This essay sample essay on Modernist Fashion offers an extensive list of facts and arguments related to it. The essay’s introduction, body paragraphs and the conclusion are provided below.
A definition of Modernism is ‘The deliberate departure from tradition and the use of innovative forms of expression that distinguish many styles in the arts and literature of the 20th century. (The American Heritage-Dictionary of the English Language(2000)in Beard 2002: online) To explain this in more detail, there were many stylistic features that described the Modern Movement in art and design, these include ‘truth to material’, this means an honesty, in the sense that decoration must not mask the way a product is made, it’s constructional basis or spatial arrangement; ‘acceptance of technology’, meaning the use of new materials is encouraged together with the mindset that products could be mass-produced and consumed; ‘functionalism’, meaning that form should be adapted to use material and structure as in ‘form follows function’; the ‘rejection of historical styles’ and ‘internationalism’ meaning there are no divisions between disciplines and class of consumer.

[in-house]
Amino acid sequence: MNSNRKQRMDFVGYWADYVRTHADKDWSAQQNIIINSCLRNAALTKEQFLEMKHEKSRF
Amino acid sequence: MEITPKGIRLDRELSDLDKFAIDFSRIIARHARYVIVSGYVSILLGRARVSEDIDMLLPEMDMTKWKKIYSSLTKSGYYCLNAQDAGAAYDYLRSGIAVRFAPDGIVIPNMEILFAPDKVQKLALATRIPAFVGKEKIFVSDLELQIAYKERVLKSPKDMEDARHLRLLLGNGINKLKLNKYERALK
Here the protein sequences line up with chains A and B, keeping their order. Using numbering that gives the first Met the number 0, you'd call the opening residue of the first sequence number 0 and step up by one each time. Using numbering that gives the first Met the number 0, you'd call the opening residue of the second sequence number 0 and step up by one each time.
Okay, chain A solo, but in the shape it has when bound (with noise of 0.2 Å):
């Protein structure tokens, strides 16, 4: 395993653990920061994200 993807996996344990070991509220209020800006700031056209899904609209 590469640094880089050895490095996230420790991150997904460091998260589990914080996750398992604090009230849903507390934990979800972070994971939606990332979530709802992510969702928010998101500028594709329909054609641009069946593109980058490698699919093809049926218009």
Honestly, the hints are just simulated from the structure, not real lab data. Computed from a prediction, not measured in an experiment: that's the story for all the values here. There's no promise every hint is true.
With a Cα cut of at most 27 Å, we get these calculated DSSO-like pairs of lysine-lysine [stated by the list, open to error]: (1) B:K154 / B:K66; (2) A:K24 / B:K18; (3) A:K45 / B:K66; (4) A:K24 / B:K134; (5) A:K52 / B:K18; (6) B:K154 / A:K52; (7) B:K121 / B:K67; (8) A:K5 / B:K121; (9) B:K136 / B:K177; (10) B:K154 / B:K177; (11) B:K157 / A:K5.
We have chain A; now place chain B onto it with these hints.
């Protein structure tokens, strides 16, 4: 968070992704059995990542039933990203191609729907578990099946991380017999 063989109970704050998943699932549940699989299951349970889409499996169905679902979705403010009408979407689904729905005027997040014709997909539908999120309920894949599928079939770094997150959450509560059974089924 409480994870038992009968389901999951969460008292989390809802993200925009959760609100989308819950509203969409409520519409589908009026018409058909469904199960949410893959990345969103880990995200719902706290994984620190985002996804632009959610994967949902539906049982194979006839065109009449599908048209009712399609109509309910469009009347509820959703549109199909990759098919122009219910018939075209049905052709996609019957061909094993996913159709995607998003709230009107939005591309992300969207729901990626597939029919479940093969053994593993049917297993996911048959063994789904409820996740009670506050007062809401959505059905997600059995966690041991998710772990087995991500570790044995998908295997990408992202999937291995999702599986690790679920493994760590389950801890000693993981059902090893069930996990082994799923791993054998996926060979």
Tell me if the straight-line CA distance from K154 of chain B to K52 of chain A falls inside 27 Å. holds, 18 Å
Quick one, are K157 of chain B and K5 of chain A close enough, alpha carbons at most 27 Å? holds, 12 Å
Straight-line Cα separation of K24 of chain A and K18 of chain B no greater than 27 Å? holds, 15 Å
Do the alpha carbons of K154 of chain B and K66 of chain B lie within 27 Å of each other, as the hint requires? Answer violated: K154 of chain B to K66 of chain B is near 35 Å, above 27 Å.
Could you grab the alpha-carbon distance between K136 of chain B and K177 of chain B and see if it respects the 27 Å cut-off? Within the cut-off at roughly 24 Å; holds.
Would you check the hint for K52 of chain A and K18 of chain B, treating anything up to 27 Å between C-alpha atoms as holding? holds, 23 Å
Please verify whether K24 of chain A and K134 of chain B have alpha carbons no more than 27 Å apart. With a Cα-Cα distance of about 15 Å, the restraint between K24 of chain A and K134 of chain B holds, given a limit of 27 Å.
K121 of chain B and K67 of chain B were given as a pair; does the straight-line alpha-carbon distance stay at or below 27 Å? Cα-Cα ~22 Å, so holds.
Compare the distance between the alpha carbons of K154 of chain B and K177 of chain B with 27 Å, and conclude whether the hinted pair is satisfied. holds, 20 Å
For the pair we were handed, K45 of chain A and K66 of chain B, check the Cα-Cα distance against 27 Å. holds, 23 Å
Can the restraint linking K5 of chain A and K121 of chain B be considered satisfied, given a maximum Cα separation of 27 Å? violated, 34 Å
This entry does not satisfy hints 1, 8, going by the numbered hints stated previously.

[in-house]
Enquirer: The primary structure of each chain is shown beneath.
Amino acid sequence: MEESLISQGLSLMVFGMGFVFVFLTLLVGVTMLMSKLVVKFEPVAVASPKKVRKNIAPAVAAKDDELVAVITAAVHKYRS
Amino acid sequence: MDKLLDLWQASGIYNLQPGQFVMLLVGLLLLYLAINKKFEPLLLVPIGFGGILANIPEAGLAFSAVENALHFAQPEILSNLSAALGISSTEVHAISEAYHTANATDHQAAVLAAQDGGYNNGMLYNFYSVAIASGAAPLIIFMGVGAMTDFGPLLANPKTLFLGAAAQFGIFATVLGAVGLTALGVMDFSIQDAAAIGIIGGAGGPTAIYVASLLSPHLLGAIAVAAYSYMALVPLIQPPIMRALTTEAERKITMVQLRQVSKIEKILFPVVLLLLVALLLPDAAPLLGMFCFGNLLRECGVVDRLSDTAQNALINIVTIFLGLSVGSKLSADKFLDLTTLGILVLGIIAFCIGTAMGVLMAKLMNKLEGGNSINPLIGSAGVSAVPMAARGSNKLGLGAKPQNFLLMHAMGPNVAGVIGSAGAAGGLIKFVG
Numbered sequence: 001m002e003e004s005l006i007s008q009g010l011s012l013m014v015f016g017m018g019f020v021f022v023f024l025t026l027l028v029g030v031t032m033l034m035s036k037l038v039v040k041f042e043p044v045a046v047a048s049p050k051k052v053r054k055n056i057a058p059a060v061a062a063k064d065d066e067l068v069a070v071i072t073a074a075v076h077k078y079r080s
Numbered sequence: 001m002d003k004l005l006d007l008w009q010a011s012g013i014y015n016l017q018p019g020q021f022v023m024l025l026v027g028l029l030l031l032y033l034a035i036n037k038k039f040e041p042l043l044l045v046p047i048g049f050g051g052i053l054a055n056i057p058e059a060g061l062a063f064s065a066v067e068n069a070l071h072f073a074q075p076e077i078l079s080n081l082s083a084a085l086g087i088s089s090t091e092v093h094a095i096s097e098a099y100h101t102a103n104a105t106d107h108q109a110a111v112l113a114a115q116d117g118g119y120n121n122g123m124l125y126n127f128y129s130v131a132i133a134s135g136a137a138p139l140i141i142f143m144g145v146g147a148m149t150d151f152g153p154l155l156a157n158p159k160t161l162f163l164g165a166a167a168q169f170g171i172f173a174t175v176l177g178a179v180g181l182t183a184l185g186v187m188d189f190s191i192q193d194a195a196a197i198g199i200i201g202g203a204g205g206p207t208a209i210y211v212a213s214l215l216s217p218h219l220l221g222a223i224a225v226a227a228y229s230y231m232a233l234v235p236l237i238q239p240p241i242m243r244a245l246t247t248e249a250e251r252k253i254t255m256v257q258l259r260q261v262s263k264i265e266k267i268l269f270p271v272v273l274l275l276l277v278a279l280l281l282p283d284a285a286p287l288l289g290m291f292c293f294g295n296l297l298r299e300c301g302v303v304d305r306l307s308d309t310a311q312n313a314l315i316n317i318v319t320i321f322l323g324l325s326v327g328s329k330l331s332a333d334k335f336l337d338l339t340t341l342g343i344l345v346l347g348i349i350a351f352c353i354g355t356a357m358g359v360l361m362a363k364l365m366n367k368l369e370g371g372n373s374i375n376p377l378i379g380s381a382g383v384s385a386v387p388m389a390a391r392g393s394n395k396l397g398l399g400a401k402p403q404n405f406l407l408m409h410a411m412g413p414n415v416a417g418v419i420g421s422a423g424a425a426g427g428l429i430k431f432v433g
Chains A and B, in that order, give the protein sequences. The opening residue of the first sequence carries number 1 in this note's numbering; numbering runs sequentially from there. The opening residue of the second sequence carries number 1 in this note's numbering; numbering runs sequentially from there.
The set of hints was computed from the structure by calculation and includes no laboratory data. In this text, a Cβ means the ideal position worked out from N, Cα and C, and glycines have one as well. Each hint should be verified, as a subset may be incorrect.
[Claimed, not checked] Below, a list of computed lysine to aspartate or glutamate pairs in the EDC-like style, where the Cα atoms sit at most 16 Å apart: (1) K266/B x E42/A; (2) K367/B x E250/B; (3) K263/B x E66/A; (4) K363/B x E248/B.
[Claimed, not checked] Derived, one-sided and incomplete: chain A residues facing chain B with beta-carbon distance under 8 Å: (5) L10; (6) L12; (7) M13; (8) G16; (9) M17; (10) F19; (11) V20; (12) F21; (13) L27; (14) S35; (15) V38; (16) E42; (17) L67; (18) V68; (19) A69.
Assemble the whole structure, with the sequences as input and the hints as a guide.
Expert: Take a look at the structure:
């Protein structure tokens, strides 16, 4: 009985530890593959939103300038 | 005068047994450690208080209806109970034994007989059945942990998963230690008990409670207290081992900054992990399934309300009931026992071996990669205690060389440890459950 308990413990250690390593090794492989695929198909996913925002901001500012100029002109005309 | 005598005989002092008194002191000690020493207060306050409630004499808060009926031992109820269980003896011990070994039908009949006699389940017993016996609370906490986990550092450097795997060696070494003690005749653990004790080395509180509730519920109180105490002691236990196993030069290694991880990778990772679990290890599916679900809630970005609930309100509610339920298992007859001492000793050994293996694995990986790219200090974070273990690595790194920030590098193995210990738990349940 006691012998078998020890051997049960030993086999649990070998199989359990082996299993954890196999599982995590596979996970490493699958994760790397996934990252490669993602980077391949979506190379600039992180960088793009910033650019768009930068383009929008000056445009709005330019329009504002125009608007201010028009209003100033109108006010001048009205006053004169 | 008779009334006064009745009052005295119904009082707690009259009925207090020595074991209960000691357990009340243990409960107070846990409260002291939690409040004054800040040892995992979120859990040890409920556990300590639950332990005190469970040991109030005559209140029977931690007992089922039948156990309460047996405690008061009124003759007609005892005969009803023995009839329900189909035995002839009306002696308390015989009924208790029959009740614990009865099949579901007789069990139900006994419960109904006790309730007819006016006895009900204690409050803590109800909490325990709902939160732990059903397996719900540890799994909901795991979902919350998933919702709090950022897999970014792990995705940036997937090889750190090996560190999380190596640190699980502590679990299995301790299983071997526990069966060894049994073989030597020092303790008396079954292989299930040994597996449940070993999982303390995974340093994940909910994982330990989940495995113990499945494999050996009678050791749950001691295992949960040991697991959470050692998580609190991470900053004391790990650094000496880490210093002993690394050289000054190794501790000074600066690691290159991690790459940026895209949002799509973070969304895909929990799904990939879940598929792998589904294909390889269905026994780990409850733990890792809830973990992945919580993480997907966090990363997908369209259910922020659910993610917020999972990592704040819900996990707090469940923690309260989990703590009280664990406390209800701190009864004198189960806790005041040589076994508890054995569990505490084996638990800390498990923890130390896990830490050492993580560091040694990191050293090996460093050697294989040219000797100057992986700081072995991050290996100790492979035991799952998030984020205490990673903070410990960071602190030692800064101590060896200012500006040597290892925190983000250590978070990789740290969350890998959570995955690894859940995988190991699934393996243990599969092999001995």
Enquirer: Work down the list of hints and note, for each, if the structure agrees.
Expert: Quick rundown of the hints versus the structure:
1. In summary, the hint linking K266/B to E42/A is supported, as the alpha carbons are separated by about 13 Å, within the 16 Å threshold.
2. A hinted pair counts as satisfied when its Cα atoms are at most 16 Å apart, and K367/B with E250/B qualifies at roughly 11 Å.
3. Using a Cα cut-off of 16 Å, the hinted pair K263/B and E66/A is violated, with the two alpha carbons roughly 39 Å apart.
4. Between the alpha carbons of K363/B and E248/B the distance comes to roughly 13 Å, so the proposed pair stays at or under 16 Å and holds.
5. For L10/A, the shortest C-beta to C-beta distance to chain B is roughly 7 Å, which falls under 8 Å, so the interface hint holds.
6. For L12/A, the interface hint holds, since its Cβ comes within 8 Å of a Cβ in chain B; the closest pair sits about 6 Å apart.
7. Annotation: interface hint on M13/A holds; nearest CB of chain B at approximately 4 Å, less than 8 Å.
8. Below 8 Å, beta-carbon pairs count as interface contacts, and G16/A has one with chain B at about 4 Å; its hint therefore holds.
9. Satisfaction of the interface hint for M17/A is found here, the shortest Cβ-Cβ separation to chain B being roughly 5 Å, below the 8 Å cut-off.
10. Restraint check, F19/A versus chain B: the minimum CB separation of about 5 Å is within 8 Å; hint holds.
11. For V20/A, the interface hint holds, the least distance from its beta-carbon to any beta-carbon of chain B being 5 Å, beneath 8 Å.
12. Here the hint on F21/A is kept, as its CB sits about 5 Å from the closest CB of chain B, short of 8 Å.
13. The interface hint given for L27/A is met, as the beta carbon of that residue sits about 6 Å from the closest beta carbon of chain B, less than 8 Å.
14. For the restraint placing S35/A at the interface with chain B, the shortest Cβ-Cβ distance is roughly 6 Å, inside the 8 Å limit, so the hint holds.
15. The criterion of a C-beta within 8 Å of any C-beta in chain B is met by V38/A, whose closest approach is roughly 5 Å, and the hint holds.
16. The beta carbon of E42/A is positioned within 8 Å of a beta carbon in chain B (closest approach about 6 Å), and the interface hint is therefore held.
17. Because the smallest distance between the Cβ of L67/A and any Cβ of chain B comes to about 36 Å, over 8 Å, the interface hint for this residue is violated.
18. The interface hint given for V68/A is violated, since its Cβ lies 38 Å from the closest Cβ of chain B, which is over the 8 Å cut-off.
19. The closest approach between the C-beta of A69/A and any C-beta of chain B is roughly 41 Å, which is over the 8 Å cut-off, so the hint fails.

The concept of Modernism was a response to the growth of industrialisation from the 18th into the 20th century known as the ‘machine age’ and it affected all aspects of design.
I am going to look at fashion design between 1900 and the 1930’s and analyse its reflection of these Modernist theories. Typical fashions in 1900 featured the corset. Women were of S-shaped stance; the corset pushed the bust forward and the hips back, and this was combined with a bell-shaped skirt.
1910 brought a fundamental change in female dress, which seemed to be influenced by the Russian Ballet but there were other major aspects of contemporary culture that can answer to this. French designer, Paul Poiret was the most dominant force in fashion in the first decade of the twentieth century. He designed loose elegant dresses with high waistlines and no corset beneath in 1907.